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Fairness Doctrine

Kyu Ho Youm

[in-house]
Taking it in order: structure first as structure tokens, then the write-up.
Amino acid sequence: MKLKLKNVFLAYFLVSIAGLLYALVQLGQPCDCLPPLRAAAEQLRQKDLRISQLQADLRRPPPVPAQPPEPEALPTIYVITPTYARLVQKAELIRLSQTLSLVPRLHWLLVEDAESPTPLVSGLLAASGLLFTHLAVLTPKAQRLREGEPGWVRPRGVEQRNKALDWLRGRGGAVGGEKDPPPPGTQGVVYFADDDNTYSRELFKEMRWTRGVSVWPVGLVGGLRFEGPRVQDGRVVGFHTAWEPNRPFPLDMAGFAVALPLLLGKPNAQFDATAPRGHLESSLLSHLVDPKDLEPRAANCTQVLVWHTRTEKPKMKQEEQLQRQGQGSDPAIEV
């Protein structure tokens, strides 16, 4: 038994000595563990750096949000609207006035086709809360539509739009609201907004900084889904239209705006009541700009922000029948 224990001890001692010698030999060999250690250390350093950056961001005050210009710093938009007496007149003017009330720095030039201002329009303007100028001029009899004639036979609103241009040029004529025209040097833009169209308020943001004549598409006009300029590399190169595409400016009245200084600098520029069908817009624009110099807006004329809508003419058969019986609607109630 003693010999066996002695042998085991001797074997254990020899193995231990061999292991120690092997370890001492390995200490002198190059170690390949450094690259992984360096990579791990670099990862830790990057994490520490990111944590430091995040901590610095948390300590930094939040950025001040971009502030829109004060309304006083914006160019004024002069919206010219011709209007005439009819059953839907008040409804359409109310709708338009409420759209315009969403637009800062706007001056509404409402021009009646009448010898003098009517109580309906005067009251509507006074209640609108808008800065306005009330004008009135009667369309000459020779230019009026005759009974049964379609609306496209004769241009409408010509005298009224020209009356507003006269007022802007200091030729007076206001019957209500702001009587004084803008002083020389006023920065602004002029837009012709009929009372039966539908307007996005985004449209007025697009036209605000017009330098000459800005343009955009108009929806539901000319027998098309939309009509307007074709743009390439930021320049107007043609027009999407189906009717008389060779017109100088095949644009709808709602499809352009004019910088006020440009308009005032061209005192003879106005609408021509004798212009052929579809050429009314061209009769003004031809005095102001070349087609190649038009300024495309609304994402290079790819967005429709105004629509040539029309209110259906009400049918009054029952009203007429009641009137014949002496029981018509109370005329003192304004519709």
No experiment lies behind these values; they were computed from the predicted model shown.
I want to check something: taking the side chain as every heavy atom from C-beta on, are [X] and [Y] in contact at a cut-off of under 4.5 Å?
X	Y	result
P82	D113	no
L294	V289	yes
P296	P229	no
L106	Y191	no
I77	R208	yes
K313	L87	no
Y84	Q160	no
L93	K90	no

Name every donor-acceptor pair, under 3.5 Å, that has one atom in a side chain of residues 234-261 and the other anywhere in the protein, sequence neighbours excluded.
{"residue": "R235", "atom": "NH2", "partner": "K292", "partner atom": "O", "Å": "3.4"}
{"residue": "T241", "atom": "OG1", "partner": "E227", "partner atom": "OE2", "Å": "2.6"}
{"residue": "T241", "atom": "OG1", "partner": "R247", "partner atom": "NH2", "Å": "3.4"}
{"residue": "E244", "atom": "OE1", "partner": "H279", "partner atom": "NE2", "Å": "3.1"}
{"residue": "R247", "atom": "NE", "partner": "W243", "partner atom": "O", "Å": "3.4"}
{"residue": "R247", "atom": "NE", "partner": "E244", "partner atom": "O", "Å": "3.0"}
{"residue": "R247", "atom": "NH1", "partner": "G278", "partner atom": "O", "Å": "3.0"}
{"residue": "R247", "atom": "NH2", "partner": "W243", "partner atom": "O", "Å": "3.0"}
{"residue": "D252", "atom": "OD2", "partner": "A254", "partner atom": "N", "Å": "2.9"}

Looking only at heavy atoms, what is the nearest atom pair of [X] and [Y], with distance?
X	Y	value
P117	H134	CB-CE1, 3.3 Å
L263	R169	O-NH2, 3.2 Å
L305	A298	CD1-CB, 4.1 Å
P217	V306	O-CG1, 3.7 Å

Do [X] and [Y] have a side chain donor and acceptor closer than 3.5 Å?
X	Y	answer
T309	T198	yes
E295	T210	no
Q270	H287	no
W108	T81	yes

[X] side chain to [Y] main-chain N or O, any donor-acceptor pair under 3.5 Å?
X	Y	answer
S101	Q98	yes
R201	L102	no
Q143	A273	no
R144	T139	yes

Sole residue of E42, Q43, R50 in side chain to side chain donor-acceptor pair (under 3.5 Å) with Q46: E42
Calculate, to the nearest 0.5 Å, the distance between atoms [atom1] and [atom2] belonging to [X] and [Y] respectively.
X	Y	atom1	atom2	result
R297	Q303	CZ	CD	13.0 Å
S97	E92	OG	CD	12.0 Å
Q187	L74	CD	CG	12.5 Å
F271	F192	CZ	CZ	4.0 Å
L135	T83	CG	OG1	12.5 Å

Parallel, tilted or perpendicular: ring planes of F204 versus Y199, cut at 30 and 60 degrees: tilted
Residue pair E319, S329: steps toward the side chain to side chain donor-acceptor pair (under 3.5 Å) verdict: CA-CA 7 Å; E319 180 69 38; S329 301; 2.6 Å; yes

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The Fairness Doctrine, from its inception in the 1940s to its demise in the 1980s, epitomizes American broadcast law in flux. In adopting the broadcast policy, the →  Federal Communications Commission (FCC) of the United States intended broadcast licensees to make reasonable effort to discuss controversial issues and to do it fairly by affording equal treatment to conflicting viewpoints. But the doctrine was abolished in 1987 by the Reagan administration, which thought it had outlived its usefulness (→  United States of America: Media System ; Radio Broadcasting, Regulation of ; Television Broadcasting, Regulation of). Nearly every democratic media system considers impartiality and balancing the sine qua non of its broadcasting law and regulation (→  Balance ). Yet few countries impose impartial and balanced programming upon their broadcasters the way the United States did with the Fairness Doctrine. Perhaps Israel is the only nation that has directly borrowed from the US broadcasting rule, but the Israeli Fairness Doctrine is not identical to its American model, and should be instructive to those interested in the international and comparative approaches to the Fairness Doctrine. The US Fairness Doctrine has evolved through the policy statements and rules of the FCC. In 1949, the FCC officially announced the doctrine: Broadcast licensees have an affirmative duty generally ... log in or subscribe to read full text

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